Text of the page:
Real estate: Taobao Live has attracted over 5,000 estate agents from over 500 brokers, across nearly 100 cities in China. During Feb. 12-17, some 2 million users watched real estate livestream events on Taobao Live. Beijing, Jiangsu, and Shandong were the top three areas for the sell side, as counted by the number of livestream hosts.

Cars: Over 1,500 automobile sales services shops have livestreamed through Taobao Live as of Wednesday, hosting an average of 300 livestream events everyday. China Passenger Car Association expects the country’s passenger car sales to drop 80% year on year in February. In response to the gloomy market, over 80% of the car brands opened livestream sessions in an attempt to offset the drop from offline sales.

Travel: Travel-oriented platforms have been among the worst-hit during the outbreak and spread of the current novel coronavirus. Top travel platforms like Fliggy, Ctrip and Mafengwo opened livestreaming services to allow online sight-seeing for users. Travel industry is gradually recovering as the epidemic shows signs of leveling up.

Already on the rise: Livestream e-commerce has been on the rise since 2016, year one for China’s livestreaming market. Alibaba’s Taobao, the pioneer, generated more than RMB 100 billion (about $14 billion) in gross merchandise volume through livestreaming sessions in 2018, an increase of nearly 400% year on year. Taobao Live, the live-streaming unit of e-commerce giant Alibaba, recorded sales of RMB 20 billion during the Singles Day shopping event held on Nov. 11, accounting for around 7.5% of the group’s overall RMB 268.4 billion in sales.

E-commerce platforms including Xiaohongshu and Pinduoduo, and short video apps such as Douyin and Kuaishou are all jumping on the bandwagon.

Carpe Covid: Online platforms are selling livestreaming to merchants as a means to fend off growth slowdown by the virus. On Feb. 10, Alibaba announced that it will waive normal requirements for offline store operators across the country to join Taobao Live , and made operational tools free of charge.  

In February, the platforms says, growth in new streamers was eight times higher than the previous month. Orders surged by an average of 20% each week, the company—meaning that they about doubled over the month—while by value February sales were double those of the same period last year, suggesting that consumers are making a lot more, but smaller, purchases.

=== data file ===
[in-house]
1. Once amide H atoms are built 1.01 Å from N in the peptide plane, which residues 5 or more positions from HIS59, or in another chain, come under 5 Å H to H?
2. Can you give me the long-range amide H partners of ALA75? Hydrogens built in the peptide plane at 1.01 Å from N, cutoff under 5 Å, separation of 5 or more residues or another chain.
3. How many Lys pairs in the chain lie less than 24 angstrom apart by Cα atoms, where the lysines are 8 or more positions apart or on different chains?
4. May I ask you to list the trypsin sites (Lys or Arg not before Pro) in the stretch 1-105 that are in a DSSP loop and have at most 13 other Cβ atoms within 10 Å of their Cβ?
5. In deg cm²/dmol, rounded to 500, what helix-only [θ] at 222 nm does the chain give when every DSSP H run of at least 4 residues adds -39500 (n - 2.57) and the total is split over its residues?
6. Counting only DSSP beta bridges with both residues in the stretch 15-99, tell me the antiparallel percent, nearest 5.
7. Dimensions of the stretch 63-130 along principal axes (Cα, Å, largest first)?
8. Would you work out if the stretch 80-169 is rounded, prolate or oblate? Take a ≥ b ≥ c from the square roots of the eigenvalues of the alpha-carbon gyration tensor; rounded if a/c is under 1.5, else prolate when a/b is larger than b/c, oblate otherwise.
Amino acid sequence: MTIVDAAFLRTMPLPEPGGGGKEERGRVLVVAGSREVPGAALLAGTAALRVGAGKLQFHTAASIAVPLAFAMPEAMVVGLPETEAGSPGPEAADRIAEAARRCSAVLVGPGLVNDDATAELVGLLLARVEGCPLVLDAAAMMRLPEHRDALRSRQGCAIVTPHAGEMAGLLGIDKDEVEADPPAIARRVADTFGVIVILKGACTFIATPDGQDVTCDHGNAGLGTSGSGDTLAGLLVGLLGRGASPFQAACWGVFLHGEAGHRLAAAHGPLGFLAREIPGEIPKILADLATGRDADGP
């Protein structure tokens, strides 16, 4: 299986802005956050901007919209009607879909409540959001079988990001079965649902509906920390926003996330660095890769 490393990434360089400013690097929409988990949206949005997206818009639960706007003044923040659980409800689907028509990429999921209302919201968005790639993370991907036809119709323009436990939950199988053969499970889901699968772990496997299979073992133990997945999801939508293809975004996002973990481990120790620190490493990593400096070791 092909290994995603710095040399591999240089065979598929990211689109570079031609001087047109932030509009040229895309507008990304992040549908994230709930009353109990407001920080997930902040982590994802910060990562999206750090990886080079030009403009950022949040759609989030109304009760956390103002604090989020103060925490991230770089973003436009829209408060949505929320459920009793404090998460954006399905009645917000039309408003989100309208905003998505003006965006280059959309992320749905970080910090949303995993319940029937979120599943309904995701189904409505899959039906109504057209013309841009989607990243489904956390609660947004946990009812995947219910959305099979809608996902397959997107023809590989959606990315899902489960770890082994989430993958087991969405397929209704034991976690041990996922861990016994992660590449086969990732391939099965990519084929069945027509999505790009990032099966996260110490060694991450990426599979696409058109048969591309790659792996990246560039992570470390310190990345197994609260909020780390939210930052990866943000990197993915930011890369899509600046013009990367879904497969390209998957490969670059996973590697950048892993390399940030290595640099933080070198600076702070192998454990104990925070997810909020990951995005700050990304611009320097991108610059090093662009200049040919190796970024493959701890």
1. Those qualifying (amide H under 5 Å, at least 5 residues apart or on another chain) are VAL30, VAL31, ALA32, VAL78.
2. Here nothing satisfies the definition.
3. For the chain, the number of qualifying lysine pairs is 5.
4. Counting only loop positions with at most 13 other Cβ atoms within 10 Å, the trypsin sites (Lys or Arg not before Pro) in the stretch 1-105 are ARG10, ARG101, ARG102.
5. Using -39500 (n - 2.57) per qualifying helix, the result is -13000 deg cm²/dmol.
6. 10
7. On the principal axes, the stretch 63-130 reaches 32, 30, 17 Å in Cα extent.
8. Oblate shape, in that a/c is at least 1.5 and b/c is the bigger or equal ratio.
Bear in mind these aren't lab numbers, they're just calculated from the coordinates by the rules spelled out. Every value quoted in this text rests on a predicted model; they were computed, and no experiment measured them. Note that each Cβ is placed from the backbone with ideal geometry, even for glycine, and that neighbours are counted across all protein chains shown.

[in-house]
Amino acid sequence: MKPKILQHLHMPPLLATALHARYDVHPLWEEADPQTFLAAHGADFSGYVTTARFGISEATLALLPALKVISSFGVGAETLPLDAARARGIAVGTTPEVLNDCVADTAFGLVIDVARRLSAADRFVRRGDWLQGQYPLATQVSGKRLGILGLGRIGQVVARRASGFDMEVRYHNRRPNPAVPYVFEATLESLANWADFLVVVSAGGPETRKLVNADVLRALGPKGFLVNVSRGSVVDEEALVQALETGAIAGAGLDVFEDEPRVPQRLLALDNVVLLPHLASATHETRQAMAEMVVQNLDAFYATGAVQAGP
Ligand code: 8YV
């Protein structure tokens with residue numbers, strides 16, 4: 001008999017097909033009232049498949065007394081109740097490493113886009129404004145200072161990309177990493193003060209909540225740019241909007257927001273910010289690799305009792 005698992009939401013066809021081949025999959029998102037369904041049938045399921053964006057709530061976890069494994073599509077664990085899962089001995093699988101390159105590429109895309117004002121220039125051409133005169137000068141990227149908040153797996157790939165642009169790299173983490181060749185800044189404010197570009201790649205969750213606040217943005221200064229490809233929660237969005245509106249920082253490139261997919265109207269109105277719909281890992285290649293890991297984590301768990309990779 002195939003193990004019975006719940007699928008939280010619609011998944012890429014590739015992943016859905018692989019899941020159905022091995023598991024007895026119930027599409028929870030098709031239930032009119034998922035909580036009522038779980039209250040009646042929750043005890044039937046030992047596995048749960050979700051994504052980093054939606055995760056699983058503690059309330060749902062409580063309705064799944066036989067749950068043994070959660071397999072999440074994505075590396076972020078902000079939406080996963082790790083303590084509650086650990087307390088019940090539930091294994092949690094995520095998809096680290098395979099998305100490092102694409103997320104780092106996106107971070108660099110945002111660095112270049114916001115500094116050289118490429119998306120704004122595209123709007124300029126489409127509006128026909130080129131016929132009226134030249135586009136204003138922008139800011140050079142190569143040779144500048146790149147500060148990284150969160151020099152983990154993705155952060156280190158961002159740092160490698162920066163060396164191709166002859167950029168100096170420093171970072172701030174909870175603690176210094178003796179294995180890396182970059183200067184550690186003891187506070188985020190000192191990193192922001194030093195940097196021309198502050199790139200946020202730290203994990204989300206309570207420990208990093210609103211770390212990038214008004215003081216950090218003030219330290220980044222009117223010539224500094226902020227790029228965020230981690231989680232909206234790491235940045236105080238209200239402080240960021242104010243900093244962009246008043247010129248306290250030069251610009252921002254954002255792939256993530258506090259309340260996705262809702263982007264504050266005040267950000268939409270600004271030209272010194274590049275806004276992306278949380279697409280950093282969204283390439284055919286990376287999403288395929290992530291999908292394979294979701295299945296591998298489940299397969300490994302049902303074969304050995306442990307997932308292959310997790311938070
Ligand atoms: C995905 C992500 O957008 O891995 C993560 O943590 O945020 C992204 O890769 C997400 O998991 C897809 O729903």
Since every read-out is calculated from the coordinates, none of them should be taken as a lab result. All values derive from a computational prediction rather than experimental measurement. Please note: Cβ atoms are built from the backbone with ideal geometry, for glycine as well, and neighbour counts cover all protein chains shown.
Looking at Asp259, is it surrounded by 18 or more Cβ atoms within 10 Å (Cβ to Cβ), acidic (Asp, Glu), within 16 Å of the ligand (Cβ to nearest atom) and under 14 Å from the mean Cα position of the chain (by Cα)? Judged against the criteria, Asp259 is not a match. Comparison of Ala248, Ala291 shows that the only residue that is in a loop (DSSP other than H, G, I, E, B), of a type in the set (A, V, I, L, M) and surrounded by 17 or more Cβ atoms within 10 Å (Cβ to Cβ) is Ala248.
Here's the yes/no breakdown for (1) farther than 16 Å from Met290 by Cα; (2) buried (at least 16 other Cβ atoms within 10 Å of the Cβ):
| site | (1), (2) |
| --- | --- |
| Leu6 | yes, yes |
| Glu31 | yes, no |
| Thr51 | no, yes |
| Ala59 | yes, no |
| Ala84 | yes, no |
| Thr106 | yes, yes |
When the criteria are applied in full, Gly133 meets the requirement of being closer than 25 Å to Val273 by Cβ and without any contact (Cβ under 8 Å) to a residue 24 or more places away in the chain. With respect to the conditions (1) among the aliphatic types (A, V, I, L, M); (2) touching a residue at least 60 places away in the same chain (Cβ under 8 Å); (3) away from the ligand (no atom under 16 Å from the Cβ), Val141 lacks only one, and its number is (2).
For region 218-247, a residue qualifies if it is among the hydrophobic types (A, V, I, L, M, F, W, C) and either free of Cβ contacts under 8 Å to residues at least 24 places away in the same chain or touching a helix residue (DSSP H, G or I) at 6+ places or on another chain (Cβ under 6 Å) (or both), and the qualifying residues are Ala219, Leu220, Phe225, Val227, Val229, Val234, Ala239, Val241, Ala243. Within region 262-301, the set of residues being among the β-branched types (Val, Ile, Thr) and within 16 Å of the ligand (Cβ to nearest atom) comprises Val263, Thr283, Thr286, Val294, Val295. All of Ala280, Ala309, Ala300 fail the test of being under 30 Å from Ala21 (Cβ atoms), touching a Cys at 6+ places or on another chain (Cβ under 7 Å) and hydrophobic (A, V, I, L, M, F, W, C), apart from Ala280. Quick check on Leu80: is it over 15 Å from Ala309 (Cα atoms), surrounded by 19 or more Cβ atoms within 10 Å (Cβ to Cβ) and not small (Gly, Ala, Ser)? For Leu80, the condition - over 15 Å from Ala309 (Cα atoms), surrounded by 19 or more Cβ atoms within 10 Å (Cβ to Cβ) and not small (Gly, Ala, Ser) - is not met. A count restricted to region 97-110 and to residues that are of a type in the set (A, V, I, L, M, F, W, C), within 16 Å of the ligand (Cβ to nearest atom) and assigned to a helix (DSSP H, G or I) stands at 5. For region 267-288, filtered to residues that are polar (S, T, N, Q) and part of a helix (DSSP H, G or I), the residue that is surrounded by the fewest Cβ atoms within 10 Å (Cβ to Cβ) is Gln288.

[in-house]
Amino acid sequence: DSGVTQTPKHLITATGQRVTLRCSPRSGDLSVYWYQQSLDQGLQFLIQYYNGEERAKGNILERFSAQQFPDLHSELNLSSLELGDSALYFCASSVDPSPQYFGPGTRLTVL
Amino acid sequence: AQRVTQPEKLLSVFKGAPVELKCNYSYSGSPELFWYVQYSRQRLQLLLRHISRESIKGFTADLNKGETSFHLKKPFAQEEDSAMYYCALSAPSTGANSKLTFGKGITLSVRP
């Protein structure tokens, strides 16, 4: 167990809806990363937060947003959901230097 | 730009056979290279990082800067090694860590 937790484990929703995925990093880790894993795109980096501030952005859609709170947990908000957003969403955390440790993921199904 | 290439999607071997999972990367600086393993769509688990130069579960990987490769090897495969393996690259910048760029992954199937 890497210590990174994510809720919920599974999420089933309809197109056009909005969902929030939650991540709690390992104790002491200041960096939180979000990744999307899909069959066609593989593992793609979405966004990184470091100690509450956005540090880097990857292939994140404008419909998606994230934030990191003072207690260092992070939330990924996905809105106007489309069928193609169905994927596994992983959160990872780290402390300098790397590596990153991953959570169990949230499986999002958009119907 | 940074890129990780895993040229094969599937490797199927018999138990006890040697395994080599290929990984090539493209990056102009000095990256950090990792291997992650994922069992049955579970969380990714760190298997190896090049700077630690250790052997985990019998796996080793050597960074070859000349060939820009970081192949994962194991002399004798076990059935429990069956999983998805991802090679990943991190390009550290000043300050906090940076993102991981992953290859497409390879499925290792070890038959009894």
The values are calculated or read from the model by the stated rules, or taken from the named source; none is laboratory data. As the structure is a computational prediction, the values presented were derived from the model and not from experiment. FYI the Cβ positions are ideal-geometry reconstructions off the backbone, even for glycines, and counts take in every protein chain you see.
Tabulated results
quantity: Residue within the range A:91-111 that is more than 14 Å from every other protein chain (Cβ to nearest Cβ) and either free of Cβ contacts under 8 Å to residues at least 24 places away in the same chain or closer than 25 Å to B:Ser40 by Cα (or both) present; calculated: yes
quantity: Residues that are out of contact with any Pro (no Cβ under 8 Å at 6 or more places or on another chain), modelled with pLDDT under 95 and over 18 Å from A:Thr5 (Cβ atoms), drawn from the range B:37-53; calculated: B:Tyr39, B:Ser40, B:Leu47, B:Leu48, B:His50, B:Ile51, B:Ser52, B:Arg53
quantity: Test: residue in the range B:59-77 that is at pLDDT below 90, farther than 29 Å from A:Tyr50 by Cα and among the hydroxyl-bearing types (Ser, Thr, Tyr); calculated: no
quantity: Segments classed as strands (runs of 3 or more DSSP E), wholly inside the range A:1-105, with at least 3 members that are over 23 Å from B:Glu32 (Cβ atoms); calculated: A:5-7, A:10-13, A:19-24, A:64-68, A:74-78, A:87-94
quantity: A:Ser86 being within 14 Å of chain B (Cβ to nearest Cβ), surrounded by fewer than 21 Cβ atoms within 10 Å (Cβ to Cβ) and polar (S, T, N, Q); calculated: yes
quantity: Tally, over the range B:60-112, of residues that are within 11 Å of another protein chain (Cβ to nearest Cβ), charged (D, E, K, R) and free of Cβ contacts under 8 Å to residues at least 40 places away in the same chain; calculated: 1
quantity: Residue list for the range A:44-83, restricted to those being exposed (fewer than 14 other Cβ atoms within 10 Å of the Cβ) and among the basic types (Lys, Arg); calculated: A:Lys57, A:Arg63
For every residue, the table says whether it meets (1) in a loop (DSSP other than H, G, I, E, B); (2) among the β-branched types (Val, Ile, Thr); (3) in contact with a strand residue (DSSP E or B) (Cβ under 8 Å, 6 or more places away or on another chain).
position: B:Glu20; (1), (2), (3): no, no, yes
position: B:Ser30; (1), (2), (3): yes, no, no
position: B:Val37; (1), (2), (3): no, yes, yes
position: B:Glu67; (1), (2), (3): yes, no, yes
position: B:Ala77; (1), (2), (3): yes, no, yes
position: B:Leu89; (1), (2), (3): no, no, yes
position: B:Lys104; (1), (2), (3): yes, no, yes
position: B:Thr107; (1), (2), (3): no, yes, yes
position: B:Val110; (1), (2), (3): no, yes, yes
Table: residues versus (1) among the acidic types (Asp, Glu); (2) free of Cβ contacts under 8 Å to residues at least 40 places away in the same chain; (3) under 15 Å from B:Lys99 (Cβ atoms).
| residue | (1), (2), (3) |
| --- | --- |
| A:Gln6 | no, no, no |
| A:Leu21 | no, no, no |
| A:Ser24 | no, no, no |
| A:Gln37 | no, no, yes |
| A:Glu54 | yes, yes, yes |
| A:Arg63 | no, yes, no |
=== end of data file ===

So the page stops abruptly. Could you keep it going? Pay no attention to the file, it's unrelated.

Some brands that never tried out the new marketing channel are experiencing beginner’s luck, enjoying sales even higher than before the epidemic.

  • Shanghai-based skin care brand Lin Qingxuan saw performance fall by 90% as 157 were forced to close, creating a crisis in which the company feared bankruptcy within two months. After starting livestreaming sessions on Taobao Live, its performance rebounded, an increase of 45% over the same period last year within 15 days.
  • Huang Honglin, a farmer in Jiangxi province, sold over 25,000 kilograms of fruit after starting livestreaming sessions on Pinduoduo.

Will it last? What happens to livestreaming as life goes back to normal, and people leave their houses? Some experts believe the trend will sustain:

The epidemic will reinforce the use of livestreaming as an effective selling channel. We will see more merchants across various sectors/industries use livestreaming to sell and reach consumers. Consumers will just rely more on livestreaming to buy things and form a habit of doing so. When the epidemic ends, buying through livestreaming will offer different alternatives for consumers to shop.

—Coresight analyst Eliam Huang.

But it will also have to overcome growing regulatory challenges. Livestream e-commerce may face lesser pressure compared with entertainment livestreamers, but challenges remain.

  • Public scrutiny over livestream e-commerce has increased recently. The National Radio and Television Administration issued a notice in November warning audio-visual e-commerce live-streams and marketing campaigns about false advertising, vulgar content, and misleading exaggerations. 
  • The government intervention was a response to public outcry over dishonest sales pitches prompted by Lipstick King Li Jiaqi. Li had an “emperor’s new clothes” moment before an audience of 400,000 while pitching a nonstick frying pan—to which an egg quite conspicuously stuck as he was promising that “It won’t stick, it can’t stick.”
  • Live streamed e-commerce is expanding from the promotion of regular products like garments and cosmetics to more sophisticated products like automobiles. Livestreaming hosts in these new categories are expected to have professional knowledge of the products they introduce, and often don’t.
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Emma Lee

Emma Lee (Li Xin) was TechNode's e-commerce and new retail reporter until June 2022, when she moved to Sixth Tone to cover technology and consumption. Get in touch with her via or Twitter.

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Shi Jiayi

Shi Jiayi is the Shanghai-based visual reporter helping provide multimedia elements about China’s fast-changing technology and culture. She holds a B.A. in Convergence Journalism from the University...